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Doctor of Philosophy (PHD)
Kinesiology and Sport Sciences (Education)
Date of Defense
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Second Committee Member
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Fifth Committee Member
Nicholas D. Myers
Limited research has addressed the design of postactivation potentiation (PAP) protocols using conditioning contractions (CC) that include upper body movements. The purpose of this study was to determine if the hang clean will enhance vertical jump (VJ) and 30m dash performances to a greater extent than the back squat due its greater biomechanical specificity. Eight track-and-field athletes underwent four testing sessions. The outcome measures included: VJ height and power, 30m dash time and split-times, motion and kinematic analyses during the 30m dash and electromyographic measurements of the anterior deltoid (AD) and vastus lateralis (VL) during both tests. No significant differences were found for VJ height and power. A significant main effect for CC was found for the 30m dash. Split-times results showed significant differences among split-times and CC. Motion analysis showed no significant differences for the stride patterns during the 30m dash. Kinematic variables during the first stride showed a significant difference for knee flexion between CC. During the second stride significant differences were found for elbow and knee extension between athlete types. Electromyography results for the VJ showed no significant differences for the AD factors and a significant main effect between CC and athlete type for the VL. No significant differences were found for the factors of the AD or VL during the 30m dash. PAP may be an effective tool to improve athletic performance; however, it’s critical for the athletes to assess if they respond favorably to this technique and what CC will best potentiate their performance.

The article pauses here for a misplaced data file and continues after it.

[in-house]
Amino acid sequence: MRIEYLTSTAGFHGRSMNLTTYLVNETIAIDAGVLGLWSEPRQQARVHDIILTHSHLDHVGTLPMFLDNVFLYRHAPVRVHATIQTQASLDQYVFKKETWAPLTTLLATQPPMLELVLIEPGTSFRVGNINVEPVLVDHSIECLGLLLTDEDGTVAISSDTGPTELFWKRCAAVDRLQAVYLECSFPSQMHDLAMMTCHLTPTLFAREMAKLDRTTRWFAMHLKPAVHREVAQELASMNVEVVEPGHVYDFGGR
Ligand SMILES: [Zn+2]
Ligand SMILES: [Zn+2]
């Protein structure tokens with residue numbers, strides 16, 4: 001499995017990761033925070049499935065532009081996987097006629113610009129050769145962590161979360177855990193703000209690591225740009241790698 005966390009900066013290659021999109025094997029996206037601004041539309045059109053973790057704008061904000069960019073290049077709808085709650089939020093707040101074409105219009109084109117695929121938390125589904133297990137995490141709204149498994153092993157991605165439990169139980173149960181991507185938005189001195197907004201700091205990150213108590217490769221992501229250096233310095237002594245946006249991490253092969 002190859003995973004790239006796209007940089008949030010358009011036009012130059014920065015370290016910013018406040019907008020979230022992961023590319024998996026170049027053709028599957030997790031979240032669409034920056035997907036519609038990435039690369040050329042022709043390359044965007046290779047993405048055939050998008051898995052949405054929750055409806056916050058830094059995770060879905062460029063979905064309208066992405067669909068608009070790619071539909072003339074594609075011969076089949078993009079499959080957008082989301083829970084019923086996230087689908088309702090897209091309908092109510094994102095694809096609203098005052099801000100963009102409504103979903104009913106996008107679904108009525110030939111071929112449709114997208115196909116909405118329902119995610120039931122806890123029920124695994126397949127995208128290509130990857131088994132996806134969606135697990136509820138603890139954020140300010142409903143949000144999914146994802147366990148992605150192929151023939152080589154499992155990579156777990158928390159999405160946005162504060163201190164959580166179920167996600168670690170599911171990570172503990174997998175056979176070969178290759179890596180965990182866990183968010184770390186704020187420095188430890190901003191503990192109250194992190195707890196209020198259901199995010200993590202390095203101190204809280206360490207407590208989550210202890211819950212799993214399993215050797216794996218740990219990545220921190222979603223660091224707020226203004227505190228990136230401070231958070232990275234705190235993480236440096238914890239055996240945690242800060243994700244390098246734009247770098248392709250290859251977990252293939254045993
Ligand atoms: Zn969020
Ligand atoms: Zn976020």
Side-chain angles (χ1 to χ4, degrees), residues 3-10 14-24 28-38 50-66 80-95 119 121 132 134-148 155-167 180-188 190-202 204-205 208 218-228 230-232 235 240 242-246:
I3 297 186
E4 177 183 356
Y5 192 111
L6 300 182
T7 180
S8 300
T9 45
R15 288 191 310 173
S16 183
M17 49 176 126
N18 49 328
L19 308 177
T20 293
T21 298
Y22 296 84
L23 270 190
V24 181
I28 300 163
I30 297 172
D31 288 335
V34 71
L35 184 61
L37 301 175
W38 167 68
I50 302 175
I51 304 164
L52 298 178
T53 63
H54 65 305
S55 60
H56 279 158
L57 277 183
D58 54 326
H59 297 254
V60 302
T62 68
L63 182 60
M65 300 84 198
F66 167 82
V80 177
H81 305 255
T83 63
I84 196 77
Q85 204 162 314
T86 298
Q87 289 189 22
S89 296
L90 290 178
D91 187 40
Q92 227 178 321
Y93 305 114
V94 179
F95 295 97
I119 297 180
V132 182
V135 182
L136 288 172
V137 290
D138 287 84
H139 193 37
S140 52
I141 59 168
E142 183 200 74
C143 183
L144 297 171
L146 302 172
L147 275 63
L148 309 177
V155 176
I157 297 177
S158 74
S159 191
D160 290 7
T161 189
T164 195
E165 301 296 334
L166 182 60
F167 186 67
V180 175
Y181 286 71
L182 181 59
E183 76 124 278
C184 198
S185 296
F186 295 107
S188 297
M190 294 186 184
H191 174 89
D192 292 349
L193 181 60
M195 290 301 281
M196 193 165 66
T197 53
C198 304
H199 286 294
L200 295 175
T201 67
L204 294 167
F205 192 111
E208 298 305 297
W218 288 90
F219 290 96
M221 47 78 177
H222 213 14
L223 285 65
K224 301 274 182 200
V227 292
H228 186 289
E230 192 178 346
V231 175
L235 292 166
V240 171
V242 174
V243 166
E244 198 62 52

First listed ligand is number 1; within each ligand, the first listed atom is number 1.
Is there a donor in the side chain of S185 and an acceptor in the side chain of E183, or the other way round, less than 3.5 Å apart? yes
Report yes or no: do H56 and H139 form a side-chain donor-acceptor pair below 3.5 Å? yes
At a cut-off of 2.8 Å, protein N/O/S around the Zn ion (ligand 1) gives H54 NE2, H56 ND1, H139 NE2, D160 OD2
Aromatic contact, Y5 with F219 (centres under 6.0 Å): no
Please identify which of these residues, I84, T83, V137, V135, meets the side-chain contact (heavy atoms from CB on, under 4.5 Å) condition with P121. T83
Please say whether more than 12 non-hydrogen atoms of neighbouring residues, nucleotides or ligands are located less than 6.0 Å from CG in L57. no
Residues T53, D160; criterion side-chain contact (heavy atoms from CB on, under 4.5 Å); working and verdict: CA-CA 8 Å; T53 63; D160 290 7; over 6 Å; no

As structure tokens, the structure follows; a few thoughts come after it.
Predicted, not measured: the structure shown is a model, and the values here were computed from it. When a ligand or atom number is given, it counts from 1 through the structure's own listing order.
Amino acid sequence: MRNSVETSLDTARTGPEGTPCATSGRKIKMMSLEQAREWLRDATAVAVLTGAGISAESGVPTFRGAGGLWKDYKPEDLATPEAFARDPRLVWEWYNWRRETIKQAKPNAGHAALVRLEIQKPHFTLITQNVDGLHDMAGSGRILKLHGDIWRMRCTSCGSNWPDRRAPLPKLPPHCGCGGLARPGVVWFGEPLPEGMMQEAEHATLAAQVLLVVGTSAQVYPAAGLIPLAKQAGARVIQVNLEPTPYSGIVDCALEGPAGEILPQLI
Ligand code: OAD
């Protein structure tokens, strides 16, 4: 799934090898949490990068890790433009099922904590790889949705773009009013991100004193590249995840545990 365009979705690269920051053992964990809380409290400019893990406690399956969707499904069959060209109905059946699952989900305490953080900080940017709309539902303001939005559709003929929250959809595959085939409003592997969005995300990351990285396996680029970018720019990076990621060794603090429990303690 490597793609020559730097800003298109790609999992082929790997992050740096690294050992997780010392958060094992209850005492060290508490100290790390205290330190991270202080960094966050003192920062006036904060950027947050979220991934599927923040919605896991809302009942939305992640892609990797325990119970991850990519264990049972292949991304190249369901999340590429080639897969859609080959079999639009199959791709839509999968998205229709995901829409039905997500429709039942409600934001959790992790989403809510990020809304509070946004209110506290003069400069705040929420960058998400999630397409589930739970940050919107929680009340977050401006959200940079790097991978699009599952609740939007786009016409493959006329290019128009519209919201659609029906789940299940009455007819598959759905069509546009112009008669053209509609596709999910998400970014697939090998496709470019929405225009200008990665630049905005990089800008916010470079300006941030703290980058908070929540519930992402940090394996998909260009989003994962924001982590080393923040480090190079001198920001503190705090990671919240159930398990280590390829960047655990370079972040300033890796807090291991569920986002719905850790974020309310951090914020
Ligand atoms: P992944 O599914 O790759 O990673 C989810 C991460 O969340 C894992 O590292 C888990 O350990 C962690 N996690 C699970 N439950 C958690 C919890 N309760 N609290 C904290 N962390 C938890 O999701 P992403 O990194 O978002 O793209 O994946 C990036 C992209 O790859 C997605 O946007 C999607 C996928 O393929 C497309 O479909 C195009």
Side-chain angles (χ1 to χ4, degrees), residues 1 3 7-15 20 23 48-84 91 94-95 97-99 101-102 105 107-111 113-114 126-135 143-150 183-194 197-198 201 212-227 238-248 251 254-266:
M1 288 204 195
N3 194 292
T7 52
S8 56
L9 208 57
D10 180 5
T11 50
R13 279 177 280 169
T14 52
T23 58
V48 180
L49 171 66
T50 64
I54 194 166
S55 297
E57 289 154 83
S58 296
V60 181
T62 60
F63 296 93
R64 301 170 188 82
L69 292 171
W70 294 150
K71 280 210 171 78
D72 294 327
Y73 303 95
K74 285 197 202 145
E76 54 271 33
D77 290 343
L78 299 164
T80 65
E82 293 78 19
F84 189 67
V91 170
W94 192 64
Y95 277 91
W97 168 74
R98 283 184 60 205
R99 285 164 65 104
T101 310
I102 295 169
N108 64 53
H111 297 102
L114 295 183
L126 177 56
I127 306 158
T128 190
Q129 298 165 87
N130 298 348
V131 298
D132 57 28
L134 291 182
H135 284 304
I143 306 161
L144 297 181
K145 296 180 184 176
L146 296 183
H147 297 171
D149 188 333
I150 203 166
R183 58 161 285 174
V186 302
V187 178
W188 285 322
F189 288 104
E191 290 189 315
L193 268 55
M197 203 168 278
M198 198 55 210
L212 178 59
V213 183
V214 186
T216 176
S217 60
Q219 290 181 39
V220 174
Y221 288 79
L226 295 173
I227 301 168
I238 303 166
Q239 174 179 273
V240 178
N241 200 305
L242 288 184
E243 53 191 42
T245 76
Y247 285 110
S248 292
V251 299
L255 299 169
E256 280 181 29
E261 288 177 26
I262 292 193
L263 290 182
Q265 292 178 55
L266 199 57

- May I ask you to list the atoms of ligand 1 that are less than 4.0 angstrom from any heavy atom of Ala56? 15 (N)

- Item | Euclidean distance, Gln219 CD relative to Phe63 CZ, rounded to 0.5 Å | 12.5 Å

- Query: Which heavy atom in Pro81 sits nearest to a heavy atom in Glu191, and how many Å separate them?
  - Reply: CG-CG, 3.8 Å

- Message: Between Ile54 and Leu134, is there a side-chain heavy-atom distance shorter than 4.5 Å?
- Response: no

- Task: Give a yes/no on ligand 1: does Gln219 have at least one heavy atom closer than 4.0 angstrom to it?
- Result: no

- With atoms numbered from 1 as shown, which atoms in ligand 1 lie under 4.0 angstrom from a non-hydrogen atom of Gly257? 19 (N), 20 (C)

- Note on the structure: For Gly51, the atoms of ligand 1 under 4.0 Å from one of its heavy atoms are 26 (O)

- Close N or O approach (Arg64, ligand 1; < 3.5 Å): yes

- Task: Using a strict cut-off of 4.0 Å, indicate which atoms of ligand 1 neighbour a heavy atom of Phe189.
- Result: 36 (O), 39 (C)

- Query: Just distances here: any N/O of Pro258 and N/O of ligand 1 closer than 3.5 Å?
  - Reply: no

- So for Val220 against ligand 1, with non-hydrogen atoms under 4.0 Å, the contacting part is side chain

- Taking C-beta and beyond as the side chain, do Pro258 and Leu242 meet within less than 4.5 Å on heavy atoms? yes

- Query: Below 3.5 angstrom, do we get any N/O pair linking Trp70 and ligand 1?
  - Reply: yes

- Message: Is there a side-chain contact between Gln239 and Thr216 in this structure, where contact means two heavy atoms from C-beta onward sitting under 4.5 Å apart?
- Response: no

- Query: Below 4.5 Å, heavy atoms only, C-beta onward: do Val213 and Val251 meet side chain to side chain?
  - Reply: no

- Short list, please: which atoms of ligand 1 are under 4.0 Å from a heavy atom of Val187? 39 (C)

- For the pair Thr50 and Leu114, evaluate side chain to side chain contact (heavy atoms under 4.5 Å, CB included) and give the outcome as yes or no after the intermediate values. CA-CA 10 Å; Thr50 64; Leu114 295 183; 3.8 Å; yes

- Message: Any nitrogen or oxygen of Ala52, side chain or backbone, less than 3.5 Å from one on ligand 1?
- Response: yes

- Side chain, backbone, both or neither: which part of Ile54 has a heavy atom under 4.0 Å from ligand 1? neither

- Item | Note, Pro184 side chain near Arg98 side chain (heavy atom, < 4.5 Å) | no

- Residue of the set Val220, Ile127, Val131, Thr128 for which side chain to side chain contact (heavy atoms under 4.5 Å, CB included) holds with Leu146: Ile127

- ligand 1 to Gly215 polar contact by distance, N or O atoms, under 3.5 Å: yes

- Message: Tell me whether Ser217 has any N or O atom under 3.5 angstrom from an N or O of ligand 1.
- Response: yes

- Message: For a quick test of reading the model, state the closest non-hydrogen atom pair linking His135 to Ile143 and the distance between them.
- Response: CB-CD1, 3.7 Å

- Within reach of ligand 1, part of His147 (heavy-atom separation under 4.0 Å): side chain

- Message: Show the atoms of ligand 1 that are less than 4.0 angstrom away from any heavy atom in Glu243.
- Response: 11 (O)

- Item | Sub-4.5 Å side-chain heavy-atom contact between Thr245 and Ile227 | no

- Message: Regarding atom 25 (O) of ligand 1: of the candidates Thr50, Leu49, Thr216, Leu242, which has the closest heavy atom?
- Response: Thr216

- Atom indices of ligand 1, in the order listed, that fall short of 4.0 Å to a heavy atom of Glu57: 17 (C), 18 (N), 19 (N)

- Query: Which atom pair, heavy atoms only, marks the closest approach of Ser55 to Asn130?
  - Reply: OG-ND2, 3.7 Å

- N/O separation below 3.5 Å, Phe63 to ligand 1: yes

Postactivation Potentiation (PAP); Electromyography (EMG); Biomechanics; Kinematics; Vertical Jump Height and Power; Sprint Performance
Heredia Vargas, Héctor M., "The Impact of Postactivation Potentiation Using the Back Squat versus the Hang Clean on Sprinting and Jumping Performance in Division I Athletes" (2015). Open Access Dissertations. 1478.